When apart of a blended family it is important to plan ahead, educate yourself and agree on...
"I ain't thinking bout you, I ain't sorry"..or am I?
Reflecting on my time spent at Washington Days, I thought about the different ways in which we as women can advocate for ourselves. It occurred to me, that even if you couldn’t physically be at Washington Days or your local congress men and women’s office, there are still plenty of ways you can be involved in advocacy efforts for your loved ones and the bleeding disorders community. For instance, you can write an email or letter to your local congress person’s office.
However, certain questions often come to mind, ‘Do I want to sound polite or only firm?’ Can I be polite and firm at the same time when writing a letter or email?’ This question brings me to a concept that some people may debate: as a woman, does my politeness, whether in a letter or email, reflect a tone that is too nice or forgiving and play a role in how it’s received? Do I need to avoid certain words when I write because it may be misinterpreted as a lack of confidence? Honestly, this is a question that I can’t answer but there is an app that is trying to help women to do so.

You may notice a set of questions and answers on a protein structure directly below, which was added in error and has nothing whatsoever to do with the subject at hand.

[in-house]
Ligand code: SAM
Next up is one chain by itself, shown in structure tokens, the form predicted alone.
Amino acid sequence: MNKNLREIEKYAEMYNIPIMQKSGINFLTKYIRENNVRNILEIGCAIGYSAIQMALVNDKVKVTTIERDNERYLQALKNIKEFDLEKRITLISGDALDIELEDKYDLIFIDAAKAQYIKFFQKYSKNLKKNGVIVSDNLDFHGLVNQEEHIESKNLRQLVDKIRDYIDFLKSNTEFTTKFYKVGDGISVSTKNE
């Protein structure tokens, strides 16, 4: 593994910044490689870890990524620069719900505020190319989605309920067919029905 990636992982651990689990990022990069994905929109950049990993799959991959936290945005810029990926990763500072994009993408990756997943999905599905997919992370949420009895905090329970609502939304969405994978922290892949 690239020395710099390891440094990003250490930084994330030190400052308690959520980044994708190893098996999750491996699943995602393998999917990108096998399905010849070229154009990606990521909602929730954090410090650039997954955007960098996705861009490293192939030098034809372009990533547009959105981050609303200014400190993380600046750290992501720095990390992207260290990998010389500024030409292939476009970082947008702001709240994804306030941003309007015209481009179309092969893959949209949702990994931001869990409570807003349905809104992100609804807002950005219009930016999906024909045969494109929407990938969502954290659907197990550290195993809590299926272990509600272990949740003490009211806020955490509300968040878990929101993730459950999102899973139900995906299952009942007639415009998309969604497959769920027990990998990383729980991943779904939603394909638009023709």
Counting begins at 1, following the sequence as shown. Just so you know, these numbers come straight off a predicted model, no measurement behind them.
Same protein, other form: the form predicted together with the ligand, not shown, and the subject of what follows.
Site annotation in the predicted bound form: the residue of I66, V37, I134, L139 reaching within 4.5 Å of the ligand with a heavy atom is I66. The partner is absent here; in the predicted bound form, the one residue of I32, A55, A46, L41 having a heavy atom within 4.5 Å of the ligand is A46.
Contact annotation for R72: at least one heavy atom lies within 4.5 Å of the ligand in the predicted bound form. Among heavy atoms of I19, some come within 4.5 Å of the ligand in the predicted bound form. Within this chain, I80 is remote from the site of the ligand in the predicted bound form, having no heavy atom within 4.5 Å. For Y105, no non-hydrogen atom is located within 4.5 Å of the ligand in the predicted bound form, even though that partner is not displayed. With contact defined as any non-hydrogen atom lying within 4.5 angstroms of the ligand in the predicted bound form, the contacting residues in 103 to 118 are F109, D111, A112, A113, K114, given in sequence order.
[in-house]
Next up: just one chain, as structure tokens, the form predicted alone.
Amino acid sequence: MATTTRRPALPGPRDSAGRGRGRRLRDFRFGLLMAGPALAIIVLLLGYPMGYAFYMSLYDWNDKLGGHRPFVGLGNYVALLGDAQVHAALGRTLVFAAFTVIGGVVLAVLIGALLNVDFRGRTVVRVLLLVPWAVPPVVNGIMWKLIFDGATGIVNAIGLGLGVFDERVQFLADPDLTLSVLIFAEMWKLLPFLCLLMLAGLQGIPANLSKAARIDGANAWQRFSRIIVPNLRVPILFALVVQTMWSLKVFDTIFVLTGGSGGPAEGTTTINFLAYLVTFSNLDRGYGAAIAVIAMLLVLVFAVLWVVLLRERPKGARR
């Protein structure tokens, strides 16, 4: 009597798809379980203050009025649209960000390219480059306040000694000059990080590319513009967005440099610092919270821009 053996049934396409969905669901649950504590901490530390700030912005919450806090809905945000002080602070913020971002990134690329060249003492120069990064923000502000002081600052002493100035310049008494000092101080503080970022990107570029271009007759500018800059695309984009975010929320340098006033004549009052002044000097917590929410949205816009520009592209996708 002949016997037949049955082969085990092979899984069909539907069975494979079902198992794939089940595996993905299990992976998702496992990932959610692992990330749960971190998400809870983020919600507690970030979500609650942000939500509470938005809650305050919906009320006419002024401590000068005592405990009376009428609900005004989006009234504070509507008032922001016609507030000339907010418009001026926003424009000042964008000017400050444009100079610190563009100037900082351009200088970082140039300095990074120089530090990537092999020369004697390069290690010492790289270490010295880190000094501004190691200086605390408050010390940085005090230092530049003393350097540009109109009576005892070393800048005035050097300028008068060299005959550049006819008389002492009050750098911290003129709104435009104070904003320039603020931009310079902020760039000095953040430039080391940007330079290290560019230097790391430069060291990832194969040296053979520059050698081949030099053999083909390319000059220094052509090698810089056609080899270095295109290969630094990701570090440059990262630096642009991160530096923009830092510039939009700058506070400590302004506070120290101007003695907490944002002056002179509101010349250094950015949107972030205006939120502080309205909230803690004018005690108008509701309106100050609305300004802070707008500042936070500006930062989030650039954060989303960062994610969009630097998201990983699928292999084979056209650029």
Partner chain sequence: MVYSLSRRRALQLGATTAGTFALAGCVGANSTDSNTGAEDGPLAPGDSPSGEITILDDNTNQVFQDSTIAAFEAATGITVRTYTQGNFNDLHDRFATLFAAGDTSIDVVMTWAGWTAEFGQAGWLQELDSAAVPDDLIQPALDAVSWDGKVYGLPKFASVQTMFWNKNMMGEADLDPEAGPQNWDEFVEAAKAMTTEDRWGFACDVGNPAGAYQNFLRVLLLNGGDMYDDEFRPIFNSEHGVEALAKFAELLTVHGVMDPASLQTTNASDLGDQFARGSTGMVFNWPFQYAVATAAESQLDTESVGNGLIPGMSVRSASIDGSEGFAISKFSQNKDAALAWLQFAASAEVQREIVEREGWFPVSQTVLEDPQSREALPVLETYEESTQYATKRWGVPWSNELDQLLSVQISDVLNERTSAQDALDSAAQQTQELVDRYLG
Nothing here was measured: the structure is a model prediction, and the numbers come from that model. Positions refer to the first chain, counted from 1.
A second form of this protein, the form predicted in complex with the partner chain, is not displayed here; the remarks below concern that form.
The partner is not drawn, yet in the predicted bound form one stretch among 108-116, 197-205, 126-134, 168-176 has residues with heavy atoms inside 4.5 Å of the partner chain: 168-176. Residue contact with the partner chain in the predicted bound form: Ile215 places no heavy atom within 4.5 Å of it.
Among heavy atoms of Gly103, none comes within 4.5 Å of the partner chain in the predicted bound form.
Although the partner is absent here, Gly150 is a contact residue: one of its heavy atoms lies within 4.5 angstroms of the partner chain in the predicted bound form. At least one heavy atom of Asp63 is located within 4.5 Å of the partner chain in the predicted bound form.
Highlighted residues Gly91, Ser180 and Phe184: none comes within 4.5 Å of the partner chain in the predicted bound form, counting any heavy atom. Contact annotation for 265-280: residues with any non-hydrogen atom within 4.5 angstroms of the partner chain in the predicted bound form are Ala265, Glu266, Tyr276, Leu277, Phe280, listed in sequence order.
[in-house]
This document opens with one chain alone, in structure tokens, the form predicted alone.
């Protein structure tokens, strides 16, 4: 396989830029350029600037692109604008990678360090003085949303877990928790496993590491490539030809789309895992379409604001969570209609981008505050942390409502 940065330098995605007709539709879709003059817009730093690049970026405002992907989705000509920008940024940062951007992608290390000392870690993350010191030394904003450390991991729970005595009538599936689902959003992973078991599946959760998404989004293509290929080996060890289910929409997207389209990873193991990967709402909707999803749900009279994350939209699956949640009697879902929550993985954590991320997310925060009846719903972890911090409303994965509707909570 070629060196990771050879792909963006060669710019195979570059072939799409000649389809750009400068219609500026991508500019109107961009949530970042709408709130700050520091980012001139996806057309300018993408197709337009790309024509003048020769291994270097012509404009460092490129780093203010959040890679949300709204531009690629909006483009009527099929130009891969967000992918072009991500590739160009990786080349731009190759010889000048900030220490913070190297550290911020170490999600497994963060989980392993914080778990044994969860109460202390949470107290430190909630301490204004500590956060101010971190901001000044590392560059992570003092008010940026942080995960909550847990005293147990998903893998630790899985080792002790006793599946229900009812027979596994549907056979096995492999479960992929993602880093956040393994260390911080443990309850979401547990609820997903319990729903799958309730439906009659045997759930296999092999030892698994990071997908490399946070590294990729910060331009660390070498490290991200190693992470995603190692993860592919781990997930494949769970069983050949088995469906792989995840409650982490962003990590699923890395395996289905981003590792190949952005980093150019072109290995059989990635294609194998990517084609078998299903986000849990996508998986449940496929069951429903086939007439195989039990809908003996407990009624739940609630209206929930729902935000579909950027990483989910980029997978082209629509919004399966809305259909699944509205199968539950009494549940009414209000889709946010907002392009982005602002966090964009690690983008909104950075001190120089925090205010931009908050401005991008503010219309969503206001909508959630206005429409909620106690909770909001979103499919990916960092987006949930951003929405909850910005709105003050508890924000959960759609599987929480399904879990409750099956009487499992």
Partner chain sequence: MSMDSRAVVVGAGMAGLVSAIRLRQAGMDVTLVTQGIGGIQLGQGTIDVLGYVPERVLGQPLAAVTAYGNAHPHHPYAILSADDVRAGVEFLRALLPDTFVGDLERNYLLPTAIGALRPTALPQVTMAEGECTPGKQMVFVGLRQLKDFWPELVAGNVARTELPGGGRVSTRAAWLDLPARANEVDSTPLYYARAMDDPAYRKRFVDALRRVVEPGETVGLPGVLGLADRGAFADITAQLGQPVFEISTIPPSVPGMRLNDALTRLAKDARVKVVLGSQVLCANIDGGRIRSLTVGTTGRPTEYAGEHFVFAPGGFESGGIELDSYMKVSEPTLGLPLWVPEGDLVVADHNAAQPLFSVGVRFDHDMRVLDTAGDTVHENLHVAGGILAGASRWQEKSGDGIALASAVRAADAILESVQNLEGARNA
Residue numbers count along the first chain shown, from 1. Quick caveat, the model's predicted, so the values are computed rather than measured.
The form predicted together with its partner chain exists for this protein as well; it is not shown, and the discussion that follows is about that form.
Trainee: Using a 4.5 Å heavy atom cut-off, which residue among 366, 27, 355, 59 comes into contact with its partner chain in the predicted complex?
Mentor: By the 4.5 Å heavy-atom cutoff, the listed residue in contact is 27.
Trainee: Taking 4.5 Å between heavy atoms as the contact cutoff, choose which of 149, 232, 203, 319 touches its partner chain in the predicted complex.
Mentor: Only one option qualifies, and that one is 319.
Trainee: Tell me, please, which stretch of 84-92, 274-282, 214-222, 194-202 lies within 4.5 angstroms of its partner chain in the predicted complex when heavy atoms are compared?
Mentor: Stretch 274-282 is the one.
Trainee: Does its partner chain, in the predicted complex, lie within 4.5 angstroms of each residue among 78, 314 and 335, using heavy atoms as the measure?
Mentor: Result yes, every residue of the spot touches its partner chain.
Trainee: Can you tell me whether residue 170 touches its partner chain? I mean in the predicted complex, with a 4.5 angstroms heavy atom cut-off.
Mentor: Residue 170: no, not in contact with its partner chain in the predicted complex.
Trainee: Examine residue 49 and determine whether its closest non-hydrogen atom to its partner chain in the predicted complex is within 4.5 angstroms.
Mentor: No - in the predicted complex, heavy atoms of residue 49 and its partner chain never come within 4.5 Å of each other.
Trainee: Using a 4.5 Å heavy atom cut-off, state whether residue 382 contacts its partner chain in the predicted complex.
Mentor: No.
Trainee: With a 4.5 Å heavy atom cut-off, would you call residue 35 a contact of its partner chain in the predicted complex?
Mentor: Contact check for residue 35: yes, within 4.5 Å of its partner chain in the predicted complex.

The Just Not Sorry app is an extension of google chrome in which it highlights keywords and phrases that “might undermine the point you are trying to make.” Tami Reiss developed the app after going to a networking event and hearing many of the female presenters discuss how they used the words “just” and “sorry” in emails when they didn’t mean it. Some journalists felt the app would help women express themselves more clearly while others felt it would make women feel as though they had to apologize for their choice of words. Harriet Minter of The Guardian broke down the supposed “polite” words of an email and expressed her views on the app. Check out the link to the article and let us know in the comments section, would you use this app? Do you ever have questions about how to write advocacy letters or emails?